Both News and Fairfax newspapers are pointing to problems at the ABC.
If there has been a consistent theme in multiple conversations in recent months with Coalition figures, from senior ministers down, it is that the ABC promotes a worldview inimical to conservative viewpoints on issues like climate change and asylum-seeker policy.
It would be hard to exaggerate the depths of displeasure among Liberal National Party representatives with the national broadcaster, fair or not. The conservative critique, including objections to a weighting against conservative voices on opinion programs like Insiders and Q&A, would seem to have some validity.
On the other hand, criticism that the ABC and Fairfax are part of a giant left-wing conspiracy is nonsense. Neither organisation has a monolithic worldview, this newspaper being one example.
THE CASE FOR PUBLIC FUNDING
But the ABC does have a case to answer when it comes to the use of $1.2 billion a year in public funding. It will have an opportunity to do so when the government institutes an “efficiency study” later this month.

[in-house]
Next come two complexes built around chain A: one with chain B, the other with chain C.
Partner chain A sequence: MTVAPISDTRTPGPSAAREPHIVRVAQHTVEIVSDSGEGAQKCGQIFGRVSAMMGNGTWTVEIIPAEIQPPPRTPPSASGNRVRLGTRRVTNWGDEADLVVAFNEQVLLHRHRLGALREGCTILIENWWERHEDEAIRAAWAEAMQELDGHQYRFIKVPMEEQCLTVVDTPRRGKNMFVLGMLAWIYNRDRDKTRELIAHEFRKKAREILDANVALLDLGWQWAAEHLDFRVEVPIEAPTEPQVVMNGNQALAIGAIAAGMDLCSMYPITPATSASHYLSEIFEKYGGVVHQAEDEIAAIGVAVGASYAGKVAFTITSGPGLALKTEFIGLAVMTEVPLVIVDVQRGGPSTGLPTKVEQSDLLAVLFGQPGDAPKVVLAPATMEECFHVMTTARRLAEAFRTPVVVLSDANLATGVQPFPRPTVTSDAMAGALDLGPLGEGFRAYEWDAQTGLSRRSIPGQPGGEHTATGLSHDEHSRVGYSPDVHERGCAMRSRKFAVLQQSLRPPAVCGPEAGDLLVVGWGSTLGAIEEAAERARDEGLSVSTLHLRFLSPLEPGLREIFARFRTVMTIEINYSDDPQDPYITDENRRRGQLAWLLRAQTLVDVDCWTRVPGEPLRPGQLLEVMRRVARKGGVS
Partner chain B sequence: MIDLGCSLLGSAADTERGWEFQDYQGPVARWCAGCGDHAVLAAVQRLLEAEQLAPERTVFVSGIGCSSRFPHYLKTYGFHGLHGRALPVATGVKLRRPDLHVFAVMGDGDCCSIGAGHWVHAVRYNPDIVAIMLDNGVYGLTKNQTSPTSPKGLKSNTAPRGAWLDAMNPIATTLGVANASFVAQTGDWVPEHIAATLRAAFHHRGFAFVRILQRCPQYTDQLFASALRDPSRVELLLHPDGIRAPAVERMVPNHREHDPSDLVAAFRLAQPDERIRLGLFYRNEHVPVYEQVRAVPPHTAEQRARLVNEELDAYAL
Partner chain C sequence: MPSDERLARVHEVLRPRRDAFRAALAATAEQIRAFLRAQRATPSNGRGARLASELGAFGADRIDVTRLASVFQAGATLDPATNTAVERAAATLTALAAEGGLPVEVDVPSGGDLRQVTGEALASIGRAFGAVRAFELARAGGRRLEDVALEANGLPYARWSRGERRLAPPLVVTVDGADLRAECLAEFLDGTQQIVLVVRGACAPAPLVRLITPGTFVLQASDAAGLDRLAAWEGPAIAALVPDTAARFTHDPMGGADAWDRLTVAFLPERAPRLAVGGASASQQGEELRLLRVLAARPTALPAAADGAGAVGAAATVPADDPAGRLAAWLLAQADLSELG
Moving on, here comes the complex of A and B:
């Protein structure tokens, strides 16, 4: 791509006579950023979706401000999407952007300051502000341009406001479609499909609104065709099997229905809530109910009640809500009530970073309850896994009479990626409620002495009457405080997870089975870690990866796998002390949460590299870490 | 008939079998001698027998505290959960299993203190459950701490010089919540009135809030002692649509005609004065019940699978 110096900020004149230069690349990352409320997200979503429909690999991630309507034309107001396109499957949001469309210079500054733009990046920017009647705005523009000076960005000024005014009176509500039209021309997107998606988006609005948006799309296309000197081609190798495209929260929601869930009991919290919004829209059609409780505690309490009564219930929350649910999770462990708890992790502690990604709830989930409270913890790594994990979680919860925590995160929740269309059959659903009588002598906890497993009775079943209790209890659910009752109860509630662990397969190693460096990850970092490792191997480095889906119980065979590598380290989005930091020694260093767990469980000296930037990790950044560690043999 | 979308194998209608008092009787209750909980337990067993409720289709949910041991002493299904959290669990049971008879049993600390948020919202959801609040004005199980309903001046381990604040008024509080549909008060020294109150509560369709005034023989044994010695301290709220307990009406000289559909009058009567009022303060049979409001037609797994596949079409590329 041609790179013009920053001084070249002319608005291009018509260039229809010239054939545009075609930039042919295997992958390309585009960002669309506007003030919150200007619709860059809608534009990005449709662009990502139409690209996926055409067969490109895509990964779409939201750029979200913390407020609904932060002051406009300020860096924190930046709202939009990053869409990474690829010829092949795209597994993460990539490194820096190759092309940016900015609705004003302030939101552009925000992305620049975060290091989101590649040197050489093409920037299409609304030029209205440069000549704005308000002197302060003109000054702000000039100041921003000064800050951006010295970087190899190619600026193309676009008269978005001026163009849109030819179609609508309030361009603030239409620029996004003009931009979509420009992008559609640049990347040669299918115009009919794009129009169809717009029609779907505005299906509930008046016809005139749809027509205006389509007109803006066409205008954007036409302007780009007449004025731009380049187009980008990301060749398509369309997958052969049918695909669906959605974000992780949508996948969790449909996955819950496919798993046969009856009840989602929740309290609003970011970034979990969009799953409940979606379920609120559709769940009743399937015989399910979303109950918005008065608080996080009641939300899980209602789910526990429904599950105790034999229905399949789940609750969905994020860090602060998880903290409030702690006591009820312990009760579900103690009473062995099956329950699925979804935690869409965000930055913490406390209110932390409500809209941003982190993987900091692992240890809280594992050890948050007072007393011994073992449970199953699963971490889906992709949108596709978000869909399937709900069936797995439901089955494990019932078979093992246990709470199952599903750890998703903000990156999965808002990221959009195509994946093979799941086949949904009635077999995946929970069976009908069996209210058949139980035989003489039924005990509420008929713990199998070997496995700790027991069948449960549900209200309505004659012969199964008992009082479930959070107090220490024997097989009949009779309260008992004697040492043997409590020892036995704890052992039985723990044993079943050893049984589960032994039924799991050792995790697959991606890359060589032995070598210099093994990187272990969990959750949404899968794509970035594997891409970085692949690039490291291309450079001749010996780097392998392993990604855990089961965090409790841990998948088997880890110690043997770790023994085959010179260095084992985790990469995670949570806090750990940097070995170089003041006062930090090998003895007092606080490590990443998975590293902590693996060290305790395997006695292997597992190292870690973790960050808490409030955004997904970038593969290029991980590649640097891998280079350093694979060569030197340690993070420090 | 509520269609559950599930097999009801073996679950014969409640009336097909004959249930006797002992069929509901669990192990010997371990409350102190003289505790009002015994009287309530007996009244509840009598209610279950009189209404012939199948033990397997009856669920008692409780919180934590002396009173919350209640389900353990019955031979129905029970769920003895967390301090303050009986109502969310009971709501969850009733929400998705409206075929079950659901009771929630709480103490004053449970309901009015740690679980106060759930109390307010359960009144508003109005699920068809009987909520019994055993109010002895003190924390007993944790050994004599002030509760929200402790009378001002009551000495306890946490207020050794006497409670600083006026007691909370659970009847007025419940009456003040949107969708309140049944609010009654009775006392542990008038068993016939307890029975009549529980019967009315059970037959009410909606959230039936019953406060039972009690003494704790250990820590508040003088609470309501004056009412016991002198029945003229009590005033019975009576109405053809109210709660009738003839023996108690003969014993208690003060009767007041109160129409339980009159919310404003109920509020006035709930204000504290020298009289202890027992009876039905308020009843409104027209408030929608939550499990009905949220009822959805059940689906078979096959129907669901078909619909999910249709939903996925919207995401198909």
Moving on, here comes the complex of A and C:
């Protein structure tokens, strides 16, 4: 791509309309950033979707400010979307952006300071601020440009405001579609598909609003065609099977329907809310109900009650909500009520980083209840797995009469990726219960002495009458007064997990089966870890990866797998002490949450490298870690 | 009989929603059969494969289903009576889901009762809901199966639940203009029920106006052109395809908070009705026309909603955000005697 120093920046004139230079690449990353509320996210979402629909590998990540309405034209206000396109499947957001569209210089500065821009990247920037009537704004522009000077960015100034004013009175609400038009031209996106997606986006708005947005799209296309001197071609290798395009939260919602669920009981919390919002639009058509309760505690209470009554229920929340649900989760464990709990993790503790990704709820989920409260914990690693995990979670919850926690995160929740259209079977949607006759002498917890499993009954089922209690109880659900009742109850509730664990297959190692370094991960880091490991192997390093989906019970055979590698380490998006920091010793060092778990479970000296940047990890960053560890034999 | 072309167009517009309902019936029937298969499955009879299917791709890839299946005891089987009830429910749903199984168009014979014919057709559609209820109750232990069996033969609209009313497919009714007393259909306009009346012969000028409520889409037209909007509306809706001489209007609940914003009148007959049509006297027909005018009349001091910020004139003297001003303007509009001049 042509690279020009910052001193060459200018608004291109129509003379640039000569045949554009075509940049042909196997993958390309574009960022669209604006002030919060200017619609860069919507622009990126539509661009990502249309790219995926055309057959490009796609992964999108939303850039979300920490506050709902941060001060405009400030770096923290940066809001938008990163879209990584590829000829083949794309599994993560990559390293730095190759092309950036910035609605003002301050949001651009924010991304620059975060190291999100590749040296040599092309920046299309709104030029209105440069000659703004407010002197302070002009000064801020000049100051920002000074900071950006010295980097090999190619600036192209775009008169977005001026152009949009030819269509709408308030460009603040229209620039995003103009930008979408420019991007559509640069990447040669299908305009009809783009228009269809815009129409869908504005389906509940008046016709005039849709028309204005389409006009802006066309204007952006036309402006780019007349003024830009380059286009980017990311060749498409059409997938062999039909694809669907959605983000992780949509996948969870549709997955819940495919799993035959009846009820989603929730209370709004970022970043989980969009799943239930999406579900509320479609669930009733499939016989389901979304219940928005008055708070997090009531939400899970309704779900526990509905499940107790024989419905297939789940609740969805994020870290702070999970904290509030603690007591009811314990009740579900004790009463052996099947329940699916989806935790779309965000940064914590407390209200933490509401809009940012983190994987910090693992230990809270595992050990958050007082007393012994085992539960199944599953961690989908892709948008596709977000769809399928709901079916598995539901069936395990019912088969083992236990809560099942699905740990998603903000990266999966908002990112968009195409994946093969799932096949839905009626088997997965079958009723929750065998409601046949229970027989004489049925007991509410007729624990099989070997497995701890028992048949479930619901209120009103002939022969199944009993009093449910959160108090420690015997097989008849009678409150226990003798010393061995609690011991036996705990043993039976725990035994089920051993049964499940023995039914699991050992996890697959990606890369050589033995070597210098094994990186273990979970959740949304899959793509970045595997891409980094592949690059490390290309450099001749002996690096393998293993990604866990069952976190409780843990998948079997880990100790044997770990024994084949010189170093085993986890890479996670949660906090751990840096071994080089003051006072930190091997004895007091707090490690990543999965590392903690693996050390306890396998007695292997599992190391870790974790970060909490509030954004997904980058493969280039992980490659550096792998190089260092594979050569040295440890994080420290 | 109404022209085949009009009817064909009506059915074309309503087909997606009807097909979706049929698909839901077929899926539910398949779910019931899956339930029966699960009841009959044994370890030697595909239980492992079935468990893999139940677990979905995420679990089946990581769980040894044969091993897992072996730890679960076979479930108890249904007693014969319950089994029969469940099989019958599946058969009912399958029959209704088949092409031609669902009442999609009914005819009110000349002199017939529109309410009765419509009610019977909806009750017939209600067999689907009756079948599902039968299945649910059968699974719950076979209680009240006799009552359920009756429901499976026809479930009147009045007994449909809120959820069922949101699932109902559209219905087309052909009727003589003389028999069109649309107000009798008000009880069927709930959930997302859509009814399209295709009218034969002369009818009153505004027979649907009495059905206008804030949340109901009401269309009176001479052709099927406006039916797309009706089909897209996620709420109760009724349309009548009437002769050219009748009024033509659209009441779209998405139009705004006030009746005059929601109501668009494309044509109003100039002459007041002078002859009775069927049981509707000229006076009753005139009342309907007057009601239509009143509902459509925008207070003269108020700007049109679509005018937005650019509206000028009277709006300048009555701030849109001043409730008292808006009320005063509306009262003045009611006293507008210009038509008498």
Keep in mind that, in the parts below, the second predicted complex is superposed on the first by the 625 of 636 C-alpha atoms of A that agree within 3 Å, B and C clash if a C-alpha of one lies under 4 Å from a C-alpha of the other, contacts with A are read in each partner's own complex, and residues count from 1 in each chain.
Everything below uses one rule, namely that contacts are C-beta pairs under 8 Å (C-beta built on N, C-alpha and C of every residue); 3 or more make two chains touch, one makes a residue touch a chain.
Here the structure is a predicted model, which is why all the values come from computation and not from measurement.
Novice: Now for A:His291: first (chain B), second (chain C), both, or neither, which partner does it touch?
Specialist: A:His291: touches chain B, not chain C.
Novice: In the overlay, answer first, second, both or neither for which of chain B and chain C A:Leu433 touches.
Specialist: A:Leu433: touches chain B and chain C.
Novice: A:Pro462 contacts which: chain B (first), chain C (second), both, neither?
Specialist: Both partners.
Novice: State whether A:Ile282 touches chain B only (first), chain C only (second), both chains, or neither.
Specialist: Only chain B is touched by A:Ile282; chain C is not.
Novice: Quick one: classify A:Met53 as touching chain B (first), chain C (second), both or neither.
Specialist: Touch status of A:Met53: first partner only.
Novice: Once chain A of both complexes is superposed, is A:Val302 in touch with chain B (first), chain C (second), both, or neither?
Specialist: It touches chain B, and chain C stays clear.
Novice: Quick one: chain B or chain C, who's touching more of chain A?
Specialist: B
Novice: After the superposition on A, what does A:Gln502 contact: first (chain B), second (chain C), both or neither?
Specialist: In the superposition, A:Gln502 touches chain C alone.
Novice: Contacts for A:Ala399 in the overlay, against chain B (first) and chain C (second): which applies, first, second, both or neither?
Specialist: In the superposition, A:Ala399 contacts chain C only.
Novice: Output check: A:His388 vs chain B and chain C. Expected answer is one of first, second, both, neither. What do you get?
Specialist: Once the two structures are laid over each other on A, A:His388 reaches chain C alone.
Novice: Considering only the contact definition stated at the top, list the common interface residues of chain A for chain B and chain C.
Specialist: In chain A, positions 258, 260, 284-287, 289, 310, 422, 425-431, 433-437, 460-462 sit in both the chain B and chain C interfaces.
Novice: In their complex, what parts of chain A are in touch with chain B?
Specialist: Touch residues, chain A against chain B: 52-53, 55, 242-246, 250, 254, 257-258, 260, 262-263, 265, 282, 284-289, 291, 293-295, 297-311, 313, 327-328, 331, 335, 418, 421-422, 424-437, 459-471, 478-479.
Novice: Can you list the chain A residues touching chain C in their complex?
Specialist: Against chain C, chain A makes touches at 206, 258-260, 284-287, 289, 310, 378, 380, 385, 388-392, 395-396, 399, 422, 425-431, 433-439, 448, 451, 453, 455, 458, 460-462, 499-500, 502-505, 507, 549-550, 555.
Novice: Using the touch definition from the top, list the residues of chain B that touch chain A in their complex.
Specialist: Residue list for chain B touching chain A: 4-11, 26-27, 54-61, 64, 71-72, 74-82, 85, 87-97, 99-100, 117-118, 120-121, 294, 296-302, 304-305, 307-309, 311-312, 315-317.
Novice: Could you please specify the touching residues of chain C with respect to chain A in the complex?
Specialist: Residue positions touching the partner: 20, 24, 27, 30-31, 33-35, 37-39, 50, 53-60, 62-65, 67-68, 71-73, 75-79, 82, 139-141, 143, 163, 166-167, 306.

THE art of good reporting is to let the facts speak for themselves. First, however, the facts must be discovered. It is the ABC’s inability to accomplish this most basic task that is compromising the integrity of its news service.
There is a recognition within the government that previous attempts to change the culture of the ABC have failed. But there is also a recognition and frustration that through a lack of normal and proper editorial and management processes, the ABC seemed determined to ignore the reality of a change of government and has not taken real steps to ensure its guidelines on impartiality and accuracy were enforced.
Inaccurate and unaccountable for $1.2 billion of taxpayer funds.
As it turns out tomorrow morning Roger Franklin and I will be talking to Jonathan Green about these very issues on Radio National at about 9.30.
Jonathan Green is the subject of an article in the Australian too.